The status of internet domain names is ranked according to which domains have the best chance of being searched for by both casual and serious viewers.
That is why .coms, .nets and .orgs (the three most searched-for domain name levels, in respective order of popularity) outrank lesser ones such as .biz, .info and .ws, etc.
Different domain name attachments are launched every few years, such as the recent .tv, however nothing will ever replace the above-mentioned "big three" in the minds of a .com-trained public that has been using the web since it first began gaining wide acceptance in 1995.
As to rankings among the big three, therefore, domain levels can easily take on a poker hand-like appearance when compared to one another:
A .com beats a .net, and a .net likewise beats a .org, but there are exceptions. If, for instance, a .com is using the name "Mel Gibson," but the actual site turns out to be a shoe repair shop run by someone named Mel, then the .net that is actually about movie star Mel Gibson is the #1 ranked TLD.
Not that wrong or misleading content is the only factor to eliminate a domain from competition. A site about a famous person, for example, that is merely "parked" (i.e. purchased but never used), and often for years at a time, will always compare very badly to a TLD site that is relevant as to subject matter and which remains active and up to date.
That covers the basics of TLD rankings. What now follows is a brief overview that features an expanded rundown of the main ways in which lesser positioned sites can often upstage those that should actually be their superiors.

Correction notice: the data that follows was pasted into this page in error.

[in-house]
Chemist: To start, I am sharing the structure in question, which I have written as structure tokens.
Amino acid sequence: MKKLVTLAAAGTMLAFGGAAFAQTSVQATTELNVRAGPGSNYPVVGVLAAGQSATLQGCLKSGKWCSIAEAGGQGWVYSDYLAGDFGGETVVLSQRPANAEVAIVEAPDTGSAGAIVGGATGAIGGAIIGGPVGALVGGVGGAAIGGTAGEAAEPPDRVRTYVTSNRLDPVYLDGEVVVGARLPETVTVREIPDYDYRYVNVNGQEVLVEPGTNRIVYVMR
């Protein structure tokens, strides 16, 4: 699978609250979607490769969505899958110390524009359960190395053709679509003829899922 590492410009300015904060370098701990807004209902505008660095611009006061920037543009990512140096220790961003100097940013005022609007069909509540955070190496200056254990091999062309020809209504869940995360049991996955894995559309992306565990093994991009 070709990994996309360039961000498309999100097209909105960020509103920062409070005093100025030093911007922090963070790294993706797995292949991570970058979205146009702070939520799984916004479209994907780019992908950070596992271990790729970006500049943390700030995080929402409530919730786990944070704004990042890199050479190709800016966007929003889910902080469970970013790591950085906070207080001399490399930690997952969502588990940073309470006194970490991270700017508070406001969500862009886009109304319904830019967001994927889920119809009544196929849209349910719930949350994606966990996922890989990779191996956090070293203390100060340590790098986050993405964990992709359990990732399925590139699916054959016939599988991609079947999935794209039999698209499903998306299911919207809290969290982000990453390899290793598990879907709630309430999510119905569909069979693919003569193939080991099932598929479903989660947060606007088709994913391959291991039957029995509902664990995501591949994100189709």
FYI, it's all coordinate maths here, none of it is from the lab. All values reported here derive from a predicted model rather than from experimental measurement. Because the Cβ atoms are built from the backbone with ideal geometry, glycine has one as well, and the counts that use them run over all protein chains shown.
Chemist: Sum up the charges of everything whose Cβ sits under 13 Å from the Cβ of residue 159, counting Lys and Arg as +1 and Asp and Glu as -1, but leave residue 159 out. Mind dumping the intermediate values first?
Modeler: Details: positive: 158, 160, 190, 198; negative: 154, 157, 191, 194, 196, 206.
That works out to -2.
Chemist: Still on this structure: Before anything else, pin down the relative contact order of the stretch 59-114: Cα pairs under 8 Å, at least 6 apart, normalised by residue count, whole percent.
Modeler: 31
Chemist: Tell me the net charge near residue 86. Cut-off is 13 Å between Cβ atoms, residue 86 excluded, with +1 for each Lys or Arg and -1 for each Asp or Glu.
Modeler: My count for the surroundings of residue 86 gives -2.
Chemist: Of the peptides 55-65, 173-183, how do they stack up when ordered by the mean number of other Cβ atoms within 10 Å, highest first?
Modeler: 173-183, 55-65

Most ranking failures of .coms that have occurred over the years usually fall into three main categories:
1) Parking Speculators
2) Overprotective Agents
3) Greedy Search Engines
1) Parking Speculators: These types are vultures who swoop down on domain names of famous people they care nothing about, in hopes of selling them like one would trade real estate. Many foreigners glom onto such sites, knowing nothing about the stars except that they are stars. Aside from the fact that these sites are often empty (if they're on the web at all), you can also identify them by the fact that they are "parked" for years at the original registrar they were purchased from.
They may be with or without a "for sale" sign, but a present day tell-tale Whois.com search yields important sales information such as the site being purchased ("created") in 1997. Do not be fooled by any "under construction" or "coming soon" claims on these, either - if there is nothing on the site when you search for it over five years later, this indicates a bona-fide permanent parker (aka a cyber squatter).
2) Overprotective Agents: These types are either paranoids who actually represent the people whose domain names they're buying, or they wish to represent them in the future. The legitimate agents are overreacting, but at least their belief that they are "saving their client's name from turning into an adult site" makes at least some sense. However, if that was the case, why won't they be a good agent and put something promotional on there about their client, rather than leaving it empty?
In contrast, the wannabe agents, who probably make up the majority of these types, are in deep denial about their situation, one that results in a blackmail style standoff between themselves and the celebrities they wish to do business with - which has left the .com of many stars in limbo for years.
3) Greedy Search Engines: These types are often the most insulting, because they have been grabbed up and used by a seperate company than those representing - or wanting to represent - the famous people whose names they employ.
They merely cash in on the famous names by tricking web surfers into clicking on their search engine sites, which are loaded with sales links. Most surfers do not bite on them, but many do.